Exclusive: An inside look at the NYPD's prestigious Strategic Response Group

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Reporter N.J. Burkett takes us inside the elite unit.

In the safest big city in America, a man is being shot. Then, Sergeant Dan Conforti and his partner, Officer Jason Torres, are on the move.

"218 West 140th Street, caller reports three shots fired!" is heard over the radio.

The citywide dispatcher isn't even finished when Torres switches on the lights and siren and drops the accelerator. The SUV roars to life, and in an instant, we're careening through the streets of Upper Manhattan.

We make it to 140th Street in less than three minutes, as other units converge on the crime scene from every direction. I watch as a gunshot victim is carried from his apartment building, bleeding and barely conscious with a bullet wound in his abdomen. Other officers take up positions around the scene. They're checking hallways and alleyways, determined to keep the gunman from getting away.

Torres and Conforti are members of the elite Strategic Response Group, the NYPD's rapid deployment force, and Eyewitness News was granted extraordinary access to follow the men and women of the SRG. It's the first inside look at the unit since it was formed three years ago and mobilized when NYPD commanders need to flood the zone.

"It's our mobility, the rapid response, our ability to deploy our teams seamlessly throughout the city at a given moment," SRG commanding officer Inspector John D'Adamo said. "That's what the unit is all about...We can be deployed anywhere in the city, from Staten Island to the Bronx, we have a command in each borough. Each one is fully equipped and tasked and ready to go."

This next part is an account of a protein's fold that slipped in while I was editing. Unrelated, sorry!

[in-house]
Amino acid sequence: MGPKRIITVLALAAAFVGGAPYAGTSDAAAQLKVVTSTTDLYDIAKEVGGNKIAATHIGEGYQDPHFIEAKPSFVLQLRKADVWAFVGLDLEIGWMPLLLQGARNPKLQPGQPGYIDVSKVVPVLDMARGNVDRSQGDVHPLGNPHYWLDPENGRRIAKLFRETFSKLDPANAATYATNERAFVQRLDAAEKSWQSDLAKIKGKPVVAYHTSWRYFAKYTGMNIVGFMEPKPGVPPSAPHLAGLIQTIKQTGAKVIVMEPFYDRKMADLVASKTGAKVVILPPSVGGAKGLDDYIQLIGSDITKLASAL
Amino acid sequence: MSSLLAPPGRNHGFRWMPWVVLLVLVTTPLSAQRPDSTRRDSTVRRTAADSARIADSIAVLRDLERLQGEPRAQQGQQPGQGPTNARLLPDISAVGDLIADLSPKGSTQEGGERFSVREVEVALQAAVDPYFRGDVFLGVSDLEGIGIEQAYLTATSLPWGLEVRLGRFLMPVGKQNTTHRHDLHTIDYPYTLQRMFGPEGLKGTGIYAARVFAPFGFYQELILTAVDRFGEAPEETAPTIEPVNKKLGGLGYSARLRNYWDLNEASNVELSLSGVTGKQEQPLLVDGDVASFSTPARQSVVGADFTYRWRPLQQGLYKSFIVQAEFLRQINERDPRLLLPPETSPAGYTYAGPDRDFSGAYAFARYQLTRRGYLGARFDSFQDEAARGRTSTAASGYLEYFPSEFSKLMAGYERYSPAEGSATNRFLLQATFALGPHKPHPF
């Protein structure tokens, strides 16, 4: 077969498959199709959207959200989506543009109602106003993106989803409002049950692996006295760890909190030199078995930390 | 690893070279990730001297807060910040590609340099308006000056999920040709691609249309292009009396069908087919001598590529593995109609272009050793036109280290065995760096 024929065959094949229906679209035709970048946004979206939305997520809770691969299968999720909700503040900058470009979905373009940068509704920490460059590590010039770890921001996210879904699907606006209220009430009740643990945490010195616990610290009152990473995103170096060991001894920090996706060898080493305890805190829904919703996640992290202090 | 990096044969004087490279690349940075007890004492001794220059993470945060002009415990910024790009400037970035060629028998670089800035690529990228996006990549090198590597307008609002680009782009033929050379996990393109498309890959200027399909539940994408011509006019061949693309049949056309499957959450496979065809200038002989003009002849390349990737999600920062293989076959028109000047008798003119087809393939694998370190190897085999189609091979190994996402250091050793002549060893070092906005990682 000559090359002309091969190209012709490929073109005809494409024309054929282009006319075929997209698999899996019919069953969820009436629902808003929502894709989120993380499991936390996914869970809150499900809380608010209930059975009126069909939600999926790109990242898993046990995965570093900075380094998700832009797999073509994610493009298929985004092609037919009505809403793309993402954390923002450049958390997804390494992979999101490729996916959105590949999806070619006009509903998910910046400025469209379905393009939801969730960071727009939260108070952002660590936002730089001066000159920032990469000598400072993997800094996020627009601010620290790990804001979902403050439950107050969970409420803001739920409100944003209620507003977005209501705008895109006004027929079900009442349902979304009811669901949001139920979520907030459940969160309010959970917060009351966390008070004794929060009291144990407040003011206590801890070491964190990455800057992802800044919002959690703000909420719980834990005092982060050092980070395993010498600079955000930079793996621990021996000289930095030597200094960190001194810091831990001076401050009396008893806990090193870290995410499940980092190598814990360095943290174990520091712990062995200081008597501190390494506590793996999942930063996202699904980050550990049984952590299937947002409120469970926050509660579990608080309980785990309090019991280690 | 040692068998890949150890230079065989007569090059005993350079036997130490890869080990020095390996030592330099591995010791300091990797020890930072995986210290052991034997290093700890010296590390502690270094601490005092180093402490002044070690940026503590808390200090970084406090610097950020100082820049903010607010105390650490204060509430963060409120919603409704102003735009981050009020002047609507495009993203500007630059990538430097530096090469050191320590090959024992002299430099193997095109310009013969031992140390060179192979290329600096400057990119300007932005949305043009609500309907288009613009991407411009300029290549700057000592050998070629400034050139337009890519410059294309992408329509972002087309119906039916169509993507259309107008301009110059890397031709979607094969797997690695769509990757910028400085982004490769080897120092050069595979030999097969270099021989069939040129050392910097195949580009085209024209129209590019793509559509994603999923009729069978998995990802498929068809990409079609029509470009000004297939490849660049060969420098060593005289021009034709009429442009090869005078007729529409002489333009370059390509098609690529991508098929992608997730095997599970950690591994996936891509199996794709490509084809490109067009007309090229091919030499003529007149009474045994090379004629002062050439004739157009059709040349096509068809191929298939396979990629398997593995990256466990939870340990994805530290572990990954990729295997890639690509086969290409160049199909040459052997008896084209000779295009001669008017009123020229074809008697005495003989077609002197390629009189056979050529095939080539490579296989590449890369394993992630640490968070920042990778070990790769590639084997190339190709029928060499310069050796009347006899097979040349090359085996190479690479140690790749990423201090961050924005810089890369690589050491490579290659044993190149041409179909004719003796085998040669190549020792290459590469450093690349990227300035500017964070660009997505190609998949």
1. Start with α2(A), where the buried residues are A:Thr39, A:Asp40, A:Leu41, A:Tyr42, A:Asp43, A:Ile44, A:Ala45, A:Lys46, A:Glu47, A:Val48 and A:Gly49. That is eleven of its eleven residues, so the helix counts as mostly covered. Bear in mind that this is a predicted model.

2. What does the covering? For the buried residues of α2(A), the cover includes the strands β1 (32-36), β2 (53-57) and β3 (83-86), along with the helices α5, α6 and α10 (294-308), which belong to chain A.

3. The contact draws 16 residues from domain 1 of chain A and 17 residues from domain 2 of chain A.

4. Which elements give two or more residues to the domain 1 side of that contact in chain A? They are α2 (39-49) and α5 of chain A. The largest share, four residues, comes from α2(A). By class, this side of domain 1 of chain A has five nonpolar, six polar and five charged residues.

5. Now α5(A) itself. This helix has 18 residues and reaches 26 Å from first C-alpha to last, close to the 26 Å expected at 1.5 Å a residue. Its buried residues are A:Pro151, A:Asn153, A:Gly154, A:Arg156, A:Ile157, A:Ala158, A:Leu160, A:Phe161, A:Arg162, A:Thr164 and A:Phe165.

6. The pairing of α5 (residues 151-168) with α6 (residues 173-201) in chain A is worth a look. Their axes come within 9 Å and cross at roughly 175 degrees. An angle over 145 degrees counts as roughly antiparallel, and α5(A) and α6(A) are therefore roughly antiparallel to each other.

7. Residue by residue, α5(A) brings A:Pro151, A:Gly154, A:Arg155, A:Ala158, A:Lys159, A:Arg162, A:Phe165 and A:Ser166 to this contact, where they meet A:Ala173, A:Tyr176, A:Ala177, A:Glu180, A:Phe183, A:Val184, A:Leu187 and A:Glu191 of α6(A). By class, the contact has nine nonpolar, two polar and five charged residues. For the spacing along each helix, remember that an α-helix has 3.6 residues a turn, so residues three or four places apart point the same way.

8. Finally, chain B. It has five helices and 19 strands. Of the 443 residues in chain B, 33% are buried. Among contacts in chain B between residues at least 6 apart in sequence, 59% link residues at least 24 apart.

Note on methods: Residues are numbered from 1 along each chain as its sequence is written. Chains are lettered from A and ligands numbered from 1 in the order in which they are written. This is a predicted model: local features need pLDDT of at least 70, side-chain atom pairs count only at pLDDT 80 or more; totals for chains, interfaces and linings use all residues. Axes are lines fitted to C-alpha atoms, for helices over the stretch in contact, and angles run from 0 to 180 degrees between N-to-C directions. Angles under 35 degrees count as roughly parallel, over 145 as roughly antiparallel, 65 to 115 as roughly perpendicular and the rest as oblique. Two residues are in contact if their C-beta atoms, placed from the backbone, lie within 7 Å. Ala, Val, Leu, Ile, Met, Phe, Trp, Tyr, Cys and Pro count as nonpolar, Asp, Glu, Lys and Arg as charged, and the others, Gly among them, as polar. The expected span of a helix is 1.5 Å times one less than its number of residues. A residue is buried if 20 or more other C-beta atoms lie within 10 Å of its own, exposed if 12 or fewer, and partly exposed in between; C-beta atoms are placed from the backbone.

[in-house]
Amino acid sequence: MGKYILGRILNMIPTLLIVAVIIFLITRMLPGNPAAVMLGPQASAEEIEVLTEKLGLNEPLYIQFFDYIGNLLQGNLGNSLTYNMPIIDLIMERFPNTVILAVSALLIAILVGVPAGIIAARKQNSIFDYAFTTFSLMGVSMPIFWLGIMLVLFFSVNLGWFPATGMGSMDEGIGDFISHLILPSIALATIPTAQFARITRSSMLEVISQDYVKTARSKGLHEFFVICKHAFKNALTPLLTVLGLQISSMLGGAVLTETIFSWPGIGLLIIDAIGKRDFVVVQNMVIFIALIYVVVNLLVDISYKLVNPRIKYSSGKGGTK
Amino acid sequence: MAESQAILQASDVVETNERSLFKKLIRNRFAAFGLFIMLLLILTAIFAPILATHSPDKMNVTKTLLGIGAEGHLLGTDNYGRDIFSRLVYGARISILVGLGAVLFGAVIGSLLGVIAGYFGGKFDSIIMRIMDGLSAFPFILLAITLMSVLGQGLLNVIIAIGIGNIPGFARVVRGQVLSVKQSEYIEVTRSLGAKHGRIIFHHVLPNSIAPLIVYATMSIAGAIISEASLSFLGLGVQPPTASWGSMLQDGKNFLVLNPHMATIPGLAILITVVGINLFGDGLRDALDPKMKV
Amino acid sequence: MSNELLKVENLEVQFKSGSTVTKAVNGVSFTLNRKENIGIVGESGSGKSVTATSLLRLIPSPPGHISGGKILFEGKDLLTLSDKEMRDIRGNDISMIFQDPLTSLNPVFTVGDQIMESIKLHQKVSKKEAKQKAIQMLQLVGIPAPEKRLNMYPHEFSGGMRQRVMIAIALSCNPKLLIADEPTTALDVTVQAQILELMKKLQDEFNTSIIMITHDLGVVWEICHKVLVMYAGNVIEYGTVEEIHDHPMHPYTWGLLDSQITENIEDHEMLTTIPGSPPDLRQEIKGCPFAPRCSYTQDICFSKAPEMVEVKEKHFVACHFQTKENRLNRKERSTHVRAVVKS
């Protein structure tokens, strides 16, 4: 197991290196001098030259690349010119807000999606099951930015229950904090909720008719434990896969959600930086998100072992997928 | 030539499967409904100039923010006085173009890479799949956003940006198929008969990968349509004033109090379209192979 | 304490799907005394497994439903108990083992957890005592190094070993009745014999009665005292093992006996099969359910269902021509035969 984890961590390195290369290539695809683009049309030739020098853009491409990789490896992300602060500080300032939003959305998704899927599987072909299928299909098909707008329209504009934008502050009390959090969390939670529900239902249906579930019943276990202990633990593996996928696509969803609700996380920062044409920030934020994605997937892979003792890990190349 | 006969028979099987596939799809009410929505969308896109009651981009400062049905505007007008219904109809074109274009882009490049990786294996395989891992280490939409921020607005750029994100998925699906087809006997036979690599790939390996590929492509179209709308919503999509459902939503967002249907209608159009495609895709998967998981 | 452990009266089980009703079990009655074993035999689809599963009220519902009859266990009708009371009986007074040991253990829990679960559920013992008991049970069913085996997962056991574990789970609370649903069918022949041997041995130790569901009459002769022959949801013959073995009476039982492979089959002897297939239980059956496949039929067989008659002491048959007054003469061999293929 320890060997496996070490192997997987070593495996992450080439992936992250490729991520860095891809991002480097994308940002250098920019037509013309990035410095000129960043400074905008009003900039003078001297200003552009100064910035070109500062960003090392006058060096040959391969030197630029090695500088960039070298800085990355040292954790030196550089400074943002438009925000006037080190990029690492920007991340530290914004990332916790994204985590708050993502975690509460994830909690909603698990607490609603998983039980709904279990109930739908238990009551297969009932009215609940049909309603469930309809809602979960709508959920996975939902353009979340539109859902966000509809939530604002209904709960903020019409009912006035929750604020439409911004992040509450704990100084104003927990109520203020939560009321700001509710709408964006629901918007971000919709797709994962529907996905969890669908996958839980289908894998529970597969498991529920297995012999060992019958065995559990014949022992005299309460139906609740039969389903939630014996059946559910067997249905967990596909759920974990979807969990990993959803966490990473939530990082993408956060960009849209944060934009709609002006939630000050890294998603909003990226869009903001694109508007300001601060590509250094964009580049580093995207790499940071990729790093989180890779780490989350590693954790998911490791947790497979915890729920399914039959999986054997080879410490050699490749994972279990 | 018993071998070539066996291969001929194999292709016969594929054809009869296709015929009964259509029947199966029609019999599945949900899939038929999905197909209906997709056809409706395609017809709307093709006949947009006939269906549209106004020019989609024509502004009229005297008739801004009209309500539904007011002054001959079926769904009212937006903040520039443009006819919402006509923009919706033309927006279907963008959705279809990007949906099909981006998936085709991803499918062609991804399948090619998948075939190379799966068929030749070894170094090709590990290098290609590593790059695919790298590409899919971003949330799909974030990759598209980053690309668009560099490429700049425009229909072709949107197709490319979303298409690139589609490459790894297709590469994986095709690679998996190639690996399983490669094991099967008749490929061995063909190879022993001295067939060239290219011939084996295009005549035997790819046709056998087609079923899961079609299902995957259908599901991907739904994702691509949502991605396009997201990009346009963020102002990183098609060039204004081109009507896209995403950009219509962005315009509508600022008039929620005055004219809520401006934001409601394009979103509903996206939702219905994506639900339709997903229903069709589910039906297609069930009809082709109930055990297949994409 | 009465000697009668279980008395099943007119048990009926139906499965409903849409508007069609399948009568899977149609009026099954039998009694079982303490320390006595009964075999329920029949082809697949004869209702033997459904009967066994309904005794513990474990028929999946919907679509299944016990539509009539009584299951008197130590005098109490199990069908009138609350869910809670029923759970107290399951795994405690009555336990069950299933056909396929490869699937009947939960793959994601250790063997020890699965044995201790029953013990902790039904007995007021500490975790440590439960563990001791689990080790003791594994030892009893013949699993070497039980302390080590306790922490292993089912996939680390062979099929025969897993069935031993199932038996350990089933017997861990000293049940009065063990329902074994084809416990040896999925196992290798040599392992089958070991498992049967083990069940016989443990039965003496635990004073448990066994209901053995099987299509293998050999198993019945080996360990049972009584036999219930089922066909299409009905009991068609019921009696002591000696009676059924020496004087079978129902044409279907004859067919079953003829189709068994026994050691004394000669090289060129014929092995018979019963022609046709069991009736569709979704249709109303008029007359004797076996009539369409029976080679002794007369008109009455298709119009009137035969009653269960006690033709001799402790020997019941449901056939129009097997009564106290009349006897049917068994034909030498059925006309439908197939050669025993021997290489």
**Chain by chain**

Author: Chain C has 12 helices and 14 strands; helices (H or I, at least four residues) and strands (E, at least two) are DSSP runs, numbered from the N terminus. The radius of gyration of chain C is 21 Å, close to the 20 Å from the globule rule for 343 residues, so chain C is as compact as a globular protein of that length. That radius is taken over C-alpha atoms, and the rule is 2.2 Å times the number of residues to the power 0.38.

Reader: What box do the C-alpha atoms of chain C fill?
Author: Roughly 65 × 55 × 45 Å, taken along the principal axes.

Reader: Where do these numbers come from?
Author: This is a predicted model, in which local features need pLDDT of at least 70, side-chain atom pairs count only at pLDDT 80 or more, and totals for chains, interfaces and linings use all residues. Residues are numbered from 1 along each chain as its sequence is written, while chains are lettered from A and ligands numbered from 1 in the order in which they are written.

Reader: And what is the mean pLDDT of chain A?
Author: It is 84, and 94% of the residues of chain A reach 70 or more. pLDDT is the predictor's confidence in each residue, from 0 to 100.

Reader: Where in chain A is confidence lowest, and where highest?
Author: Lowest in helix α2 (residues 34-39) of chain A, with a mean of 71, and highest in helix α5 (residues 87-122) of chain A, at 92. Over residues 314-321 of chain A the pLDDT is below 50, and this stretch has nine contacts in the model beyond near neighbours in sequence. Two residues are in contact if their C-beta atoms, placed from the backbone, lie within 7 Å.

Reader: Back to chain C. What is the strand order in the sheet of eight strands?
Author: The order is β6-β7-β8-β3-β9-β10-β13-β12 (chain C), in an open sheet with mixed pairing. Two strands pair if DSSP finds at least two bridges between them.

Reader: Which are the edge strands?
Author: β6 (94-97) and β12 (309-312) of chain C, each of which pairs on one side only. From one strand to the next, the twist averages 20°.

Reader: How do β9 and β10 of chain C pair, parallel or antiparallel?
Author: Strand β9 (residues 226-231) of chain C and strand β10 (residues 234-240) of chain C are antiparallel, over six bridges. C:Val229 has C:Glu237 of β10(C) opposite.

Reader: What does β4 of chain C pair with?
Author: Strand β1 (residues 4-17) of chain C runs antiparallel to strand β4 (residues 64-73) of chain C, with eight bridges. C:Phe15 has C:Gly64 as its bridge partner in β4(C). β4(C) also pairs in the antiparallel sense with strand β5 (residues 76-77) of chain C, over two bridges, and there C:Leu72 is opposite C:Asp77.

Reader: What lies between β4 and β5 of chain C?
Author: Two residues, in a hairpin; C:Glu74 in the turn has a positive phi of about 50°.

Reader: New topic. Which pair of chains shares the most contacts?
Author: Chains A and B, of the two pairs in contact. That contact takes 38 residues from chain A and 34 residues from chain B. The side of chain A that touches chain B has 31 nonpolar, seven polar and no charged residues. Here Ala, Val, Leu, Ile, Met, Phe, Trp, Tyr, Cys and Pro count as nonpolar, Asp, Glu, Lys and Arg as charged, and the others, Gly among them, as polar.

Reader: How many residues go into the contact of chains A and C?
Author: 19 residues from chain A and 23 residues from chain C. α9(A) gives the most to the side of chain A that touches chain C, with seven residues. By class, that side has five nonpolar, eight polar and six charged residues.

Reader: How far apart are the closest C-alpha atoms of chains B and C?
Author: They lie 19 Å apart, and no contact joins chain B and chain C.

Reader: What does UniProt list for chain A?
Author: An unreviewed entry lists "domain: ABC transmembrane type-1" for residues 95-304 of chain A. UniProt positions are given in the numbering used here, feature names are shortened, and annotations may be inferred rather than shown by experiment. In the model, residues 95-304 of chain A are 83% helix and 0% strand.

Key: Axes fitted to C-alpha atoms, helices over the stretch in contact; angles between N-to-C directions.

Inspector D'Adamo explains how the unit works:
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Commanding Officer Inspector John D'Adamo explains the mission of the NYPD Strategic Response Group.



It's a specialized squad of 700 highly-trained, heavily armed officers assigned to potential trouble spots throughout the city. Whether it's patrolling for gang members in Harlem or deterring terrorists in Times Square, the SRG also responds to active shooters and mass demonstrations.

"When they go into buildings to look for an active shooter, they're the first line of defense," SRG executive officer Inspector Gerry Dowling said.

Its Disorder Control Unit (DCU), designed for crowd control, terrorist attacks and civil unrest, is the largest of its kind in the nation.

"They can get to a scene quickly?" I asked the DCU commander, Dave Miller.

"Yes, they can," he said. "Basically, from the farthest points of the city, they can get there in 30 minutes."

The SRG is highly-selective. Of the hundreds of officers who apply, according to D'Adamo, two-thirds don't make it past the interview.

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Reporter N.J. Burkett embeds with the NYPD Strategic Response Group



So why the SRG?

"The variety, the challenges," Torres said. "You never have a typical day."

"You go everywhere, you get a piece of everything," Conforti said. "You get to cover a lot of ground. We get extra training and it's fun to be switching roles...It's a new unit. We're breaking new ground, and I think it's very necessary in the times we're living in."

NJ Burkett behind the scenes with the SRG:


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